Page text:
Mattias is a Marie Skłodowska-Curie Fellow at Imperial College London. After completing his bachelor and master degrees in Sweden at Lund University and KTH Royal Institute of Technology, he received his PhD from the University of Melbourne in Australia. His research focus is in the areas of nanoengineering and biomaterials and he has a strong interest in research strategy and science policy.

Shelly Pathak

Associate Editor
Shelly is a PhD student currently studying the genetics behind auto inflammatory disease at the University of Leeds. She completed her BSc and MSc within the field of Molecular Medicine, developing her interest into the research field. As Associate Editor, she is interested in the issues and diseases that affect the population worldwide, and how these problems are being addressed and tackled using novel methods.

Claire Roseren

Section Editor, Global Health
Claire is an MRes student in Bioimaging Sciences at Imperial College. She completed her BSc in Chemistry, also at Imperial. She is a laureate of the Young Scientist Association Luxembourg and of the London International Youth Science Forum.

Kamalam Vanninathan

Associate Editor, Energy and Environment
Kamalam has a passion for Astronomy and Astrophysics. She completed her PhD in Solar Physics at Armagh Observatory, UK and a post-doc at the University of Graz, Austria. Her research contributed to an understanding of space weather and the solar coronal heating problem. As an aspiring science communicator, Kamalam volunteers for various organisations to bring science to the public and loves nothing more than to be able to share the latest and greatest science has to offer. She enjoys blogging and organising events where children can appreciate science.

Dominik Weiss

Associate Editor, Energy and Environment
Prof Dominik Weiss is researcher in Environmental Geochemistry at Imperial College London. He received his master’s degree in Natural Sciences from the ETH Zürich and his PhD degree in Geochemistry from the University of Bern. After two years of post doctoral work at MIT he joined the faculty at Imperial College London in 2000. His group is studying the chemistry and the role of trace elements in various Environmental and Earth System processes. Dominik has a long-standing interest in capacity building and environmental problems in developing countries. He is working in South America, Africa and South Asia on a wide variety of problems including past climate change, soil chemistry and water quality.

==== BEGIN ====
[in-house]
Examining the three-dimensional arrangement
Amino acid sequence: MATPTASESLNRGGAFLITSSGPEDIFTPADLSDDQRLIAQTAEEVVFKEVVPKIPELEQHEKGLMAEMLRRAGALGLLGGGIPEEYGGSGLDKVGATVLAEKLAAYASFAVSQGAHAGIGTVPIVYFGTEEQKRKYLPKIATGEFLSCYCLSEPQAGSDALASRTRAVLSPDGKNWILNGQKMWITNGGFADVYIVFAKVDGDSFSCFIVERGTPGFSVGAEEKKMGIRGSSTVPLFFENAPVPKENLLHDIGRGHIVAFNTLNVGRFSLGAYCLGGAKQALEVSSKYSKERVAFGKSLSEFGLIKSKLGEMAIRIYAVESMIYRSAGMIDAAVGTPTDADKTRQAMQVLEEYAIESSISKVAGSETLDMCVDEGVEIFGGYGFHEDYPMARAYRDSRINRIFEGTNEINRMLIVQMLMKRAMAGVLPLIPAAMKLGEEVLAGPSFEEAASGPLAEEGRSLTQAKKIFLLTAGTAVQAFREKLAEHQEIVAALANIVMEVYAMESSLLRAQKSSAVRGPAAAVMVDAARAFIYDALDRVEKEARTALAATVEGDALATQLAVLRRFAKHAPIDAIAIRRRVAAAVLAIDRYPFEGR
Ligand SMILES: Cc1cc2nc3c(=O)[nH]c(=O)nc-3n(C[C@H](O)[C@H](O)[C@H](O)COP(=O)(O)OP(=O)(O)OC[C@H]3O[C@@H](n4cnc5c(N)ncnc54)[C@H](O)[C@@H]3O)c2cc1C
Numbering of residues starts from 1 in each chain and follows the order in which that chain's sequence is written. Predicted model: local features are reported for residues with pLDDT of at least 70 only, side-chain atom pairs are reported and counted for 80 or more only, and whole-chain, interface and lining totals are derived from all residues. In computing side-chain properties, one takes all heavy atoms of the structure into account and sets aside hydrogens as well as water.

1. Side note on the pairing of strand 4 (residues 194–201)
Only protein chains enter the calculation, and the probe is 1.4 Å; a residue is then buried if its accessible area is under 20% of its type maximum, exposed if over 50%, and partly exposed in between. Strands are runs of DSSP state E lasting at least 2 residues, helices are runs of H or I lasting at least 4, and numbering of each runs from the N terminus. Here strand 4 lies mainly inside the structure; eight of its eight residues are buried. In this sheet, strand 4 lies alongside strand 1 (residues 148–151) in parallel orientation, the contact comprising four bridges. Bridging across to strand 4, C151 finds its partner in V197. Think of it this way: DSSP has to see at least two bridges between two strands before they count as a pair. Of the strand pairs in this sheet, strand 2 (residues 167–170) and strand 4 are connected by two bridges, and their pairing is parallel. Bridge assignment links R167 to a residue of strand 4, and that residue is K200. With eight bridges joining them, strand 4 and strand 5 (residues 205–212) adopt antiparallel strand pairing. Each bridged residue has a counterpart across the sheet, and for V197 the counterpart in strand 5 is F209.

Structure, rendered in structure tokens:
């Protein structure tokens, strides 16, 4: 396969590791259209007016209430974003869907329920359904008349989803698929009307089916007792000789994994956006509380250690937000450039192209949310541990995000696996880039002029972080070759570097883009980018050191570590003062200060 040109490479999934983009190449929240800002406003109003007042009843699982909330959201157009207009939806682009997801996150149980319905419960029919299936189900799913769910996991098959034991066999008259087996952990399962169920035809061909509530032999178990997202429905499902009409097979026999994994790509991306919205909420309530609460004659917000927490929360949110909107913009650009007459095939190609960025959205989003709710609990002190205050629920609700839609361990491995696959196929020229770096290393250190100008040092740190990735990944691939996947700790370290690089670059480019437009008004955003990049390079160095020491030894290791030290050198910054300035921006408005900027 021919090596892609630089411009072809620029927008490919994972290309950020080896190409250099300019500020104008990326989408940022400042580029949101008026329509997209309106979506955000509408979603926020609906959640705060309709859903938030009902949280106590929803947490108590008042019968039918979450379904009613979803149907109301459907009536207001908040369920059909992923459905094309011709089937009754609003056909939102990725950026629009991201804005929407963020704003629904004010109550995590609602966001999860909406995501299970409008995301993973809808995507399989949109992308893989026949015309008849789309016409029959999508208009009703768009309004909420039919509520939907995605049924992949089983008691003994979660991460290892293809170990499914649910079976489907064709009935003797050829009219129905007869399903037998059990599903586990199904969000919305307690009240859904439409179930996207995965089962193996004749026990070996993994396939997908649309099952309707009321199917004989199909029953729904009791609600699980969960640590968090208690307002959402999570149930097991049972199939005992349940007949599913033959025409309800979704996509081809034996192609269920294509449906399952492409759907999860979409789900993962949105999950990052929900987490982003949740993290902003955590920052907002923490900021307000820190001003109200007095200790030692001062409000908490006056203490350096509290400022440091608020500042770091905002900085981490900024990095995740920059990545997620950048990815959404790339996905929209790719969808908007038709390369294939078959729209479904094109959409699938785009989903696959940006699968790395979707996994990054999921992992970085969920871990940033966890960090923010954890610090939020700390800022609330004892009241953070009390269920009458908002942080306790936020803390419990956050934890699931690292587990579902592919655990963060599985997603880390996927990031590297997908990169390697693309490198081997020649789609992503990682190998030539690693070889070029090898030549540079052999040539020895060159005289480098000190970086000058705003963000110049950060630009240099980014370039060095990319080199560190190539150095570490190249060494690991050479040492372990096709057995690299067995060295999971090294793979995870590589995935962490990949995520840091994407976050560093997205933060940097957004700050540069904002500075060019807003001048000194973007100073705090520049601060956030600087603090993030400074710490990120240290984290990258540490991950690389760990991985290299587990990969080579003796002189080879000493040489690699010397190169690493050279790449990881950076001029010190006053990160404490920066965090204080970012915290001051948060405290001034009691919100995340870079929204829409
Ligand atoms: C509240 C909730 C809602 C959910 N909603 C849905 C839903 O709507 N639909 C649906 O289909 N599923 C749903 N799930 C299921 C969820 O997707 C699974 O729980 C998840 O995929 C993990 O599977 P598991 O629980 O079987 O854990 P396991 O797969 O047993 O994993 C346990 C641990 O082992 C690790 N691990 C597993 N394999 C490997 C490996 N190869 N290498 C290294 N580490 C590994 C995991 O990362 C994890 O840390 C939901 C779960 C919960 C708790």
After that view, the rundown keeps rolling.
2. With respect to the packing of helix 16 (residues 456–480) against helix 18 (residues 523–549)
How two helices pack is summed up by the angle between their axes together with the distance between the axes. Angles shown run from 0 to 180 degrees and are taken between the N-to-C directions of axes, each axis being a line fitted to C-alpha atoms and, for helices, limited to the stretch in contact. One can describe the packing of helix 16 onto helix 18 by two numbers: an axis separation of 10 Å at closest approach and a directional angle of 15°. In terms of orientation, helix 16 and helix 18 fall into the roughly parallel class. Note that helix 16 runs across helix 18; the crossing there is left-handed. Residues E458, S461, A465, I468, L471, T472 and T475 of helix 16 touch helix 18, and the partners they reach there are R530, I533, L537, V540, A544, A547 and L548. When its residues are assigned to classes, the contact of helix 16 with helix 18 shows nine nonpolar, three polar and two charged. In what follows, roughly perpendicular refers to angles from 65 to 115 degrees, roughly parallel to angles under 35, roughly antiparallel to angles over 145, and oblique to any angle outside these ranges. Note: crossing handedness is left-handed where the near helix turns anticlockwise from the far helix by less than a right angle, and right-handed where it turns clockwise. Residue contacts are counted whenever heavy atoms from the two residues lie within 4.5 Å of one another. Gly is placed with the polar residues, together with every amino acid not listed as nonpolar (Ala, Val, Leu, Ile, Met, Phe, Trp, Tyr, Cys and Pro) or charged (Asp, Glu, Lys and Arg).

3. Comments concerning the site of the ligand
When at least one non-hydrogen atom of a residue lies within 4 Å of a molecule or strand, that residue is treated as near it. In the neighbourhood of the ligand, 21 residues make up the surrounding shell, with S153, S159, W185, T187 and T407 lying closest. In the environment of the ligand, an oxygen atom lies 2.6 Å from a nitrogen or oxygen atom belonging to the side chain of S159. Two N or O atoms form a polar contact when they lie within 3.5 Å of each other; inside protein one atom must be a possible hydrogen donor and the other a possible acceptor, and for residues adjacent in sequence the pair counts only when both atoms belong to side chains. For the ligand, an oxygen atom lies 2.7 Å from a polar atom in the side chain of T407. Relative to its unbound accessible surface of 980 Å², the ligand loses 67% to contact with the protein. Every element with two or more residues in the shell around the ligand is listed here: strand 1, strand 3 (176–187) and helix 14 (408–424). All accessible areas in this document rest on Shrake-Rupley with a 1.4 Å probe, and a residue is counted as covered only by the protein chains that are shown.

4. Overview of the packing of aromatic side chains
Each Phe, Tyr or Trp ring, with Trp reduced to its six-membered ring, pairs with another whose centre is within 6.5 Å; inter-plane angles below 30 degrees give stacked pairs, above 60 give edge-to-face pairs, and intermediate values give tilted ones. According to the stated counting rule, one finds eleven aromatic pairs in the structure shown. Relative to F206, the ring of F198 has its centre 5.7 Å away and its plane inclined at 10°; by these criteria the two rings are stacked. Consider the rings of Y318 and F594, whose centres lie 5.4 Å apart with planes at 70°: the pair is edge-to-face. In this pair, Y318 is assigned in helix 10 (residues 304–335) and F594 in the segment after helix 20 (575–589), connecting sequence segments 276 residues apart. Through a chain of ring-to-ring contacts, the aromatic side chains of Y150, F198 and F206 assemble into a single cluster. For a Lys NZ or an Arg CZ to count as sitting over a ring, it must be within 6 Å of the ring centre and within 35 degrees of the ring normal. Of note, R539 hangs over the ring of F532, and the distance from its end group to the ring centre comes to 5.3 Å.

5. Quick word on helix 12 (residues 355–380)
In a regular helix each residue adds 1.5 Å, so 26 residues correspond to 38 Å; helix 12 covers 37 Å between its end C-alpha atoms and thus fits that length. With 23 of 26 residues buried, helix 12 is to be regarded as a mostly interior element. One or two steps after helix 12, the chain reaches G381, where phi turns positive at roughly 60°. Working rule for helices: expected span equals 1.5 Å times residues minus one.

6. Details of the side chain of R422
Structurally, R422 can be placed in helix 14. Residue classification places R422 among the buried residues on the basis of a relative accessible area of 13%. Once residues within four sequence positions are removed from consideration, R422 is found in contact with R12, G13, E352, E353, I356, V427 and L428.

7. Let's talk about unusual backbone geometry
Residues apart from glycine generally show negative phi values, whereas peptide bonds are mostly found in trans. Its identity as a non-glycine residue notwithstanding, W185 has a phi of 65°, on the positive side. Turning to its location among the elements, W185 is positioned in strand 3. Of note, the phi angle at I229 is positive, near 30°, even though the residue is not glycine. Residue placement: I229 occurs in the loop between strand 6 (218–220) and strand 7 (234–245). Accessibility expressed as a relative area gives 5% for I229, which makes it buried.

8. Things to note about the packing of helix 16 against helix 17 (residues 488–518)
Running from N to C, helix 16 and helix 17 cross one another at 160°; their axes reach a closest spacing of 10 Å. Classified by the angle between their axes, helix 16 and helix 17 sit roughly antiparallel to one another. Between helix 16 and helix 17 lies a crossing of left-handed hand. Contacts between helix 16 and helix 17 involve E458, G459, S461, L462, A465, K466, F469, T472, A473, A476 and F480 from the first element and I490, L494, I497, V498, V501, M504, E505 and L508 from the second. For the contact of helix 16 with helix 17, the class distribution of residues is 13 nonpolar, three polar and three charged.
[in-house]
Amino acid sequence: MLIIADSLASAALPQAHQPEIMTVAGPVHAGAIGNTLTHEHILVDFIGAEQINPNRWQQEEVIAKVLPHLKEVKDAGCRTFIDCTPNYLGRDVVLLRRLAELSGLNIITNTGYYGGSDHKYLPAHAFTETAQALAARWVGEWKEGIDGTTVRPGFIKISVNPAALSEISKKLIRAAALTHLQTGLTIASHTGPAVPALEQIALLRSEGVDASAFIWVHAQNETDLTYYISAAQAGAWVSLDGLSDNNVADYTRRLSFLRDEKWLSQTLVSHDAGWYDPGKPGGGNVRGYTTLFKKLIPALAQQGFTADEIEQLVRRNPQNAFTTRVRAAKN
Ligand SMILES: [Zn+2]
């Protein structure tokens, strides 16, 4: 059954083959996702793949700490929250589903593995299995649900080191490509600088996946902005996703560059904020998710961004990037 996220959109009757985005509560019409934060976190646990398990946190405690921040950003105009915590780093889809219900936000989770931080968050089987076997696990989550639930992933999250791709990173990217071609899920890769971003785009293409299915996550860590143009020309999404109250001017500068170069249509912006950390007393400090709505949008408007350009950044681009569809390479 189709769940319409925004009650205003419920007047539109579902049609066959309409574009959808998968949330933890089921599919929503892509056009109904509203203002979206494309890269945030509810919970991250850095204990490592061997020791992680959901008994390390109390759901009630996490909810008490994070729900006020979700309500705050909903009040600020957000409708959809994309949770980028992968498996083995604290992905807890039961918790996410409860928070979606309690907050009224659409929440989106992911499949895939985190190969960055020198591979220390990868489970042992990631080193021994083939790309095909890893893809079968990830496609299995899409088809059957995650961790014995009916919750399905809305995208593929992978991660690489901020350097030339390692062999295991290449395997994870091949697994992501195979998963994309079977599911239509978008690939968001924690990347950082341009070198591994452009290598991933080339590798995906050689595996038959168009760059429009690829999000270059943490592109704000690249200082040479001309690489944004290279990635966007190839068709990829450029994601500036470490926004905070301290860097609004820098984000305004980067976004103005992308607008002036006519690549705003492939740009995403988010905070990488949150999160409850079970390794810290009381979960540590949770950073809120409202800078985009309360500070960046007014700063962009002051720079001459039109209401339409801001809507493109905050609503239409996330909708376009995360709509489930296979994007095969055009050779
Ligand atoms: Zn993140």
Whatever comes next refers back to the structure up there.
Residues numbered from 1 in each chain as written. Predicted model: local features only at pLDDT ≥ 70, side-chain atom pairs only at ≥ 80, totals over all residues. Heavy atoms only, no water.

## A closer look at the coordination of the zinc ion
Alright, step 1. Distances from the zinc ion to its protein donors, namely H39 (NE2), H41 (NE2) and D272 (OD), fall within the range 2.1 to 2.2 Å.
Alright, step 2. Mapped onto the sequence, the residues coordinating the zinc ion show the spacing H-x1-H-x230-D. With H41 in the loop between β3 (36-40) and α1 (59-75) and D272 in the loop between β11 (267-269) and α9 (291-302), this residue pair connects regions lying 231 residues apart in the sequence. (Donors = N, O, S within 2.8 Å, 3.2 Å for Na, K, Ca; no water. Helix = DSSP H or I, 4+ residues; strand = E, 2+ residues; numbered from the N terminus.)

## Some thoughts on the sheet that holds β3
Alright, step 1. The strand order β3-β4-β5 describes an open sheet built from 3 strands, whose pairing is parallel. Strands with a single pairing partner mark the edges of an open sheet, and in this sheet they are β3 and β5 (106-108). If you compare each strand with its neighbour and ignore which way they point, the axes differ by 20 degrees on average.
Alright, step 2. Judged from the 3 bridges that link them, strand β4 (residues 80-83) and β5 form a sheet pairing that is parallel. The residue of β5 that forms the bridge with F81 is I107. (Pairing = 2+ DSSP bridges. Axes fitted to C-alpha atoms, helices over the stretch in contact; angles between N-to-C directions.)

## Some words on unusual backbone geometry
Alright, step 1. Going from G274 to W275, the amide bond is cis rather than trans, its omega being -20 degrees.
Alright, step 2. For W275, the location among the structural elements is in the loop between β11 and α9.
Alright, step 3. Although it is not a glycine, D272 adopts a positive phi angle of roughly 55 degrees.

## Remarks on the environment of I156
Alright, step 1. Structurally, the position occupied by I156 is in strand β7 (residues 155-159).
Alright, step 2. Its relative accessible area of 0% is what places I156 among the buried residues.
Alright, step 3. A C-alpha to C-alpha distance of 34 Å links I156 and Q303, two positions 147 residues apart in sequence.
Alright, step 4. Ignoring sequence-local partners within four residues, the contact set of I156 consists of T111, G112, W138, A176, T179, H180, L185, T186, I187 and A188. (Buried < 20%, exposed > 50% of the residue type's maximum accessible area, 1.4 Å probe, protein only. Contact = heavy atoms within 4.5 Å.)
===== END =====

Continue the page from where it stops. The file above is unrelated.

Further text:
Wen-Yu Weng

Associate Editor, Energy and Environment
Wen-Yu graduated with an M.Sc. in Development Studies from LSE and a M.Sc. in Environmental Policy from the University of Oxford. She holds a First Class B.Sc. degree in Biomedical Science from Mahidol University in Thailand. Due to her interest in addressing issues at the intersection of science and policy, she also co-founded the Emerging Leaders Programme at the Caux Dialogue on Land and Security. She currently works as an educator and a low-carbon energy and climate change consultant.

Sven Sewitz

Associate Editor, Science and Technology
Sven Sewitz is a senior postdoctoral scientist at the Babraham Institute, Cambridge. He recieved his PhD from Oxford University in molecular biology, and has since spent a large amount teaching himself data science. His work is in 3D genome organisation, and how this changes during cellular differentiation and disease. Additionally, he has written about research funding structures and how this influences career progression, and is interested in the role of science in society in general.

Submission Guidelines

Article submissions are open to experts and thinkers - interpreted in the broadest sense. We typically attract and invite pieces from academics, early-stage researchers and innovators, policy-makers and professionals in both the public and private sphere.  

While we encourage contibutions on a range of topicsArticles are loosely grouped into three types: feature (standard), opinion piece and research article. 

Please send a short abstract to anglejournal@imperial.ac.uk. 

Opportunities

Are you passionate about the intersection of science, policy and politics? Get in touch with us if

(1) You are a minimum PhD candidate, or have an Masters degree plus professional experience
(2) Have an interest in science, policy and international affairs
(3) Have great writing, communication and organisational skills

A background in your chosen topic-area is preferred but not essential. No prior editorial experience required.

Please send a CV, one writing sample/link, and a short proposal for a theme or topic we could feature (one paragraph) to anglejournal@imperial.ac.uk.

Contact Us

Contact us at anglejournal@imperial.ac.uk.

Copyright 2015 ANGLE Journal